Blind World Magazine

Loyola College starts resource centre for differently-abled.

January 17,2006.
Indian Catholic - New Delhi,India.

Chennai (ICNS) -- The Jesuit-run Loyola College here launched on Monday a resource centre to take care of the needs of its special students.

Envisaged as a model for higher learning institutions, the Resource Centre for the Differently-Abled will provide a variety of solutions to address the special needs of the 48 visually challenged students of the college.

It will also put in place a mechanism for mobilising voluntary services of the student community to serve the diverse needs of the special youth.

The college will run the centre in collaboration with Vidya Vrikshah, an organisation for the differently-abled.

In his keynote address, Madras University Vice-Chancellor S.P. Thyagarajan hailed the initiative as coming together of talent, dedication and commitment of an educational institution and a field-level organisation.

According to the latest data, there were 21.9 million differently abled persons in India, of whom 9.3 million were females. Nationwide, the concentration of special persons was greater in rural areas, with around 13 million.

However, the scenario was different in Tamil Nadu, where the male/female ratio as well as the urban/rural spread of the differently abled was more or less even, Thyagarajan said.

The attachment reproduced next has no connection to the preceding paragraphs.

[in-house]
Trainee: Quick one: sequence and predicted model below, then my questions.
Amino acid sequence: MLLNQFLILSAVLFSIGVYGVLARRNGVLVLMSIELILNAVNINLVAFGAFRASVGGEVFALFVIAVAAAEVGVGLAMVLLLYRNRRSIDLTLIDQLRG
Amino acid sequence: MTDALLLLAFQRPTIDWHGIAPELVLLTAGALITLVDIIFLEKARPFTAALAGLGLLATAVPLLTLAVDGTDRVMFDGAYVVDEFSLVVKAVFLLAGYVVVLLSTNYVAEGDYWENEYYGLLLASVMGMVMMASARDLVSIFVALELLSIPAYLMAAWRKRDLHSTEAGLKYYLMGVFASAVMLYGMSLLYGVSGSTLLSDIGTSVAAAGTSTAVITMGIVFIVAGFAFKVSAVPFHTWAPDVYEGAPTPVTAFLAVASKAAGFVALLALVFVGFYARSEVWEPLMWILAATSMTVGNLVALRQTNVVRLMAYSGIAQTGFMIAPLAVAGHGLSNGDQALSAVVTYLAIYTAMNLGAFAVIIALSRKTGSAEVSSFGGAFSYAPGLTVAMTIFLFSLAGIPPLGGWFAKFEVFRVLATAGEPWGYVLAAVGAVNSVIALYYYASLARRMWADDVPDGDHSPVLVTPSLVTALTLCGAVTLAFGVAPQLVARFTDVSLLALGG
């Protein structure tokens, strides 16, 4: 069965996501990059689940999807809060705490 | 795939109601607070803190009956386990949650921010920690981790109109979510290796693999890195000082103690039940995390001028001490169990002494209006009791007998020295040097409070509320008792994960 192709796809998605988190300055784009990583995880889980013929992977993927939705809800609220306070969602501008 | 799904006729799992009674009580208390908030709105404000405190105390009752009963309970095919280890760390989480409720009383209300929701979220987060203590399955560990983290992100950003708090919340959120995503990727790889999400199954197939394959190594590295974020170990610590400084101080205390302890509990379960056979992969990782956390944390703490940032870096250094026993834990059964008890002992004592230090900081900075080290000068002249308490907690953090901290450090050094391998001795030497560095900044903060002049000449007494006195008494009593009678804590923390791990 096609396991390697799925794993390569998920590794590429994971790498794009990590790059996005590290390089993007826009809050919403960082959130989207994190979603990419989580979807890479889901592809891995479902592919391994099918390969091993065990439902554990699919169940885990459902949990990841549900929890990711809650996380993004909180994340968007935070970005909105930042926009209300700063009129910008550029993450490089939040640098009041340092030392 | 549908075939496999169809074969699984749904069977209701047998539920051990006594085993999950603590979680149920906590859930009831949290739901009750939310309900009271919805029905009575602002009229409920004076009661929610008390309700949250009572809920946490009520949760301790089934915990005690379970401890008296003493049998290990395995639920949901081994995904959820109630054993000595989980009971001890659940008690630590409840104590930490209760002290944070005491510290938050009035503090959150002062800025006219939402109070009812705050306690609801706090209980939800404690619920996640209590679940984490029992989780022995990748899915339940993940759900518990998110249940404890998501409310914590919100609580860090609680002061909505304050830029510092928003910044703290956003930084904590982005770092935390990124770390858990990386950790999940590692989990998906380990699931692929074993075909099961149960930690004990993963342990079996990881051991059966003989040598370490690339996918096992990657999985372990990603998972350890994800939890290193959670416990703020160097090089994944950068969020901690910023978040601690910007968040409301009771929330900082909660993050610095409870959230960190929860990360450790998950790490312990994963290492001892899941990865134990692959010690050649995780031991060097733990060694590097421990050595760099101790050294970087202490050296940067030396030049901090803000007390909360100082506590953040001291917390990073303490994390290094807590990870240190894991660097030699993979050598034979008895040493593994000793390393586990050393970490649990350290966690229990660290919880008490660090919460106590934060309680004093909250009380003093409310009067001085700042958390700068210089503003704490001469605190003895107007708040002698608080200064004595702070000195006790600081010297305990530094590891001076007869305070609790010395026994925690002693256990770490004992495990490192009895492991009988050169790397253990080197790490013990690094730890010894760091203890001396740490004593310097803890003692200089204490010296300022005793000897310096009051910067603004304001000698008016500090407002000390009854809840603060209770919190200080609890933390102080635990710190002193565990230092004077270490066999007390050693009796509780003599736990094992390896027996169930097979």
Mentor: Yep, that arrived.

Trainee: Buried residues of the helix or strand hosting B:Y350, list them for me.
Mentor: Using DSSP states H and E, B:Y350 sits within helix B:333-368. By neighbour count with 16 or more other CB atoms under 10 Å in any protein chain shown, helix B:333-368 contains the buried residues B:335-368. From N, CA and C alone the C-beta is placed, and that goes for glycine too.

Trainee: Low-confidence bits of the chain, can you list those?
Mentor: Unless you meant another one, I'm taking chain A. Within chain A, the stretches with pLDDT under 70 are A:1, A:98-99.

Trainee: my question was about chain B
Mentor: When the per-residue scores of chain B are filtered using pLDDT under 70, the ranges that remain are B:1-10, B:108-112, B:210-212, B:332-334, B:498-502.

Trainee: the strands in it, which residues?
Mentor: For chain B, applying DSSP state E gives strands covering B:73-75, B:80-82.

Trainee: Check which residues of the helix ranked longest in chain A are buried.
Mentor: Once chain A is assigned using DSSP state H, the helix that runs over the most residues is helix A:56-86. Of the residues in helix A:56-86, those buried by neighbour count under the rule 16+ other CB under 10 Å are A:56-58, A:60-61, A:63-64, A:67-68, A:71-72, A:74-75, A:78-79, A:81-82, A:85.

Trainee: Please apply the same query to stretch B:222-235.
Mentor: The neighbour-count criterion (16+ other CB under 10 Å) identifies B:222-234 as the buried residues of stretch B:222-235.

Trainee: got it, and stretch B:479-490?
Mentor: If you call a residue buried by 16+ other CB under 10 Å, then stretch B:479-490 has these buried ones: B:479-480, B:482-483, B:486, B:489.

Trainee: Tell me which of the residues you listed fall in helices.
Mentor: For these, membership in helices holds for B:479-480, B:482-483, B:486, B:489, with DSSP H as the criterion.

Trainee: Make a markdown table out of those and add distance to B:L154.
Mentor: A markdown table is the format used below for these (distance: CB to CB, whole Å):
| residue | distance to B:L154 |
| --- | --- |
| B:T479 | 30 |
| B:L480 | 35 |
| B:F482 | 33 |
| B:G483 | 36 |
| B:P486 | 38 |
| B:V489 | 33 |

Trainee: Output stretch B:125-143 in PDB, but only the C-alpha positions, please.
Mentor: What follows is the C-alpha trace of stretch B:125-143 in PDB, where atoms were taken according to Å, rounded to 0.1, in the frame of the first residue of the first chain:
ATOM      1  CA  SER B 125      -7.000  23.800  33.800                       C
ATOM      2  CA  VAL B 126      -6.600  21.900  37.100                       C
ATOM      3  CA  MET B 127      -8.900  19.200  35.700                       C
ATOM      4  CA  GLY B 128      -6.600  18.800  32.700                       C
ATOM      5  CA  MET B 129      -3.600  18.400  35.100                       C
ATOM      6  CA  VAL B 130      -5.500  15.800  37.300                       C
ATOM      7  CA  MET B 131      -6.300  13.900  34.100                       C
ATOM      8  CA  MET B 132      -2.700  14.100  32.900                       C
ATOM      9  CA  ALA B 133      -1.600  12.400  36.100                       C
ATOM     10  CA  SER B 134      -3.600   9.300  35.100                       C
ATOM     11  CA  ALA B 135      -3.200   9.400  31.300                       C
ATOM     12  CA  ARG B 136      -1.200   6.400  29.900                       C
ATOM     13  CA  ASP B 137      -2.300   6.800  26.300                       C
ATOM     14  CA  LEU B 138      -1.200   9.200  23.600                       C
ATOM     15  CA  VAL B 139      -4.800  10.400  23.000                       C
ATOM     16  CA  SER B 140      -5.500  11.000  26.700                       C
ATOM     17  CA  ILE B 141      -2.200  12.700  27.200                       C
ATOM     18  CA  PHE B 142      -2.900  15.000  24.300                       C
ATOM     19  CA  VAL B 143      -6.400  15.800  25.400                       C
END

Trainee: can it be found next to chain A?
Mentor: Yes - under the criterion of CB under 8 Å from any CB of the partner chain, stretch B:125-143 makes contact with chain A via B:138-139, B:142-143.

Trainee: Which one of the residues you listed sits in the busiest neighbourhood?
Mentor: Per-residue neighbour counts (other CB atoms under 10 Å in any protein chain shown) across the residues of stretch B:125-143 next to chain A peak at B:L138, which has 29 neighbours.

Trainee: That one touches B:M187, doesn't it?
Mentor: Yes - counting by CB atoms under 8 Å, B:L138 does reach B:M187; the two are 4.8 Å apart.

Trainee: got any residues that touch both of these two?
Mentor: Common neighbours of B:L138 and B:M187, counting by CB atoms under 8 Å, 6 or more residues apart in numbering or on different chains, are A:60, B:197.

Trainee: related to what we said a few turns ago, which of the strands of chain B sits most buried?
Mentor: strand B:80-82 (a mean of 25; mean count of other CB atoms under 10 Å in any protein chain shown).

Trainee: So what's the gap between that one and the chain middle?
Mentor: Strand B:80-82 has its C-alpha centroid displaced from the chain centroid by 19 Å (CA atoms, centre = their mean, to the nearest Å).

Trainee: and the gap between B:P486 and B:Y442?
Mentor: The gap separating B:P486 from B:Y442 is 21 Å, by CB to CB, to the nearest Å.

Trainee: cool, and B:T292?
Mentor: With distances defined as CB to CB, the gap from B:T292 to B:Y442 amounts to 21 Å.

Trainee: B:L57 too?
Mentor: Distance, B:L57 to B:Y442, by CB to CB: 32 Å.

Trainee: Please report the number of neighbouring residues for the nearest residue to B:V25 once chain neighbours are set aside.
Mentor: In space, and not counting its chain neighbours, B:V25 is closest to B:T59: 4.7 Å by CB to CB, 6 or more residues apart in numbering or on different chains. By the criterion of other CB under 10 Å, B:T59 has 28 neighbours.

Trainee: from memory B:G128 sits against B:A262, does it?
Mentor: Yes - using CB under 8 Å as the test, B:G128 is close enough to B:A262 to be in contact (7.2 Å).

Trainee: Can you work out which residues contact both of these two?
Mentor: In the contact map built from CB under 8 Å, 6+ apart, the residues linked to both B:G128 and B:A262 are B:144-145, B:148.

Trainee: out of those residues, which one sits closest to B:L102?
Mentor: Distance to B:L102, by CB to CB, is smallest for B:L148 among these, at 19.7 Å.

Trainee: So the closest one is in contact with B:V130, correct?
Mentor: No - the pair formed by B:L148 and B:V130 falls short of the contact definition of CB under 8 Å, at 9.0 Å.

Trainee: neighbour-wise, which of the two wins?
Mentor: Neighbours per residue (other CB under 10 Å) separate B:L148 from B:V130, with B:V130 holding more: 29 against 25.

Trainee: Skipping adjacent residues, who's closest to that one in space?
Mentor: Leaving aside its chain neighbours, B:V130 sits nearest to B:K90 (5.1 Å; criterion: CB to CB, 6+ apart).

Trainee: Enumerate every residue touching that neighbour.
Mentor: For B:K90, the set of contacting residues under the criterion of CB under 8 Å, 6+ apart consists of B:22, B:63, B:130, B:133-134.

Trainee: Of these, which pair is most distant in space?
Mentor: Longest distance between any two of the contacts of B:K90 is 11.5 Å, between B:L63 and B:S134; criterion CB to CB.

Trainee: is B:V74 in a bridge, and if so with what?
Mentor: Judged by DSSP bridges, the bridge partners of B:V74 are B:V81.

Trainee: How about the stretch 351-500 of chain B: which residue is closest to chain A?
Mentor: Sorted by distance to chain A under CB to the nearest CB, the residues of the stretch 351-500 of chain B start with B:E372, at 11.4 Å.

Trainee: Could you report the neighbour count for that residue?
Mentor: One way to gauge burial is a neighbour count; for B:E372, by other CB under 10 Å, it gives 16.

The UGC has two programmes to help special students in their higher learning pursuits Teacher Preparation in Special Education and Higher Education for Persons with Special Needs. Under the latter, a maximum grant of 1 million rupees is available.

The university has earmarked1.3 million rupees under three components to reach assistance to the differently abled students.

This comprised an information resource centre for guidance and counselling, access logistics that allowed free movement and special equipment acquisition.

The university has issued directives to affiliate institutions to implement programmes for the differently abled.

M. Anandakrishnan, chairman, Madras Institute of Development Studies, said while it was heartening that society was now assuming a participatory role in initiatives for the differently abled, a much more responsive attitude was required keeping in view the large numbers of special persons.

N. Krishnaswamy, chairman, Vidya Vriskhah, explained the objectives of the resource centre, an offshoot of the National Initiative for the Blind programme, launched by the organisation in 2003.

Loyola students Vikas Munoth and Akhilesh Malani, both visually impaired, gave a brief demonstration of `Jaws' software applications, while Raja along with his sighted peer Mohanansundaram showed why the Indian language software developed by IIT Madras bagged the President's medal for the best IT solution for the disabled last year.

Jaws' software versions were donated by U.S.-based NGO Anne Foundation, while the Katpadi-based Worth Trust donated five computer application kits.

College Principal Fr. A. Albert Muthumalai and Rector Fr. B. Jeyaraj also attended the function.

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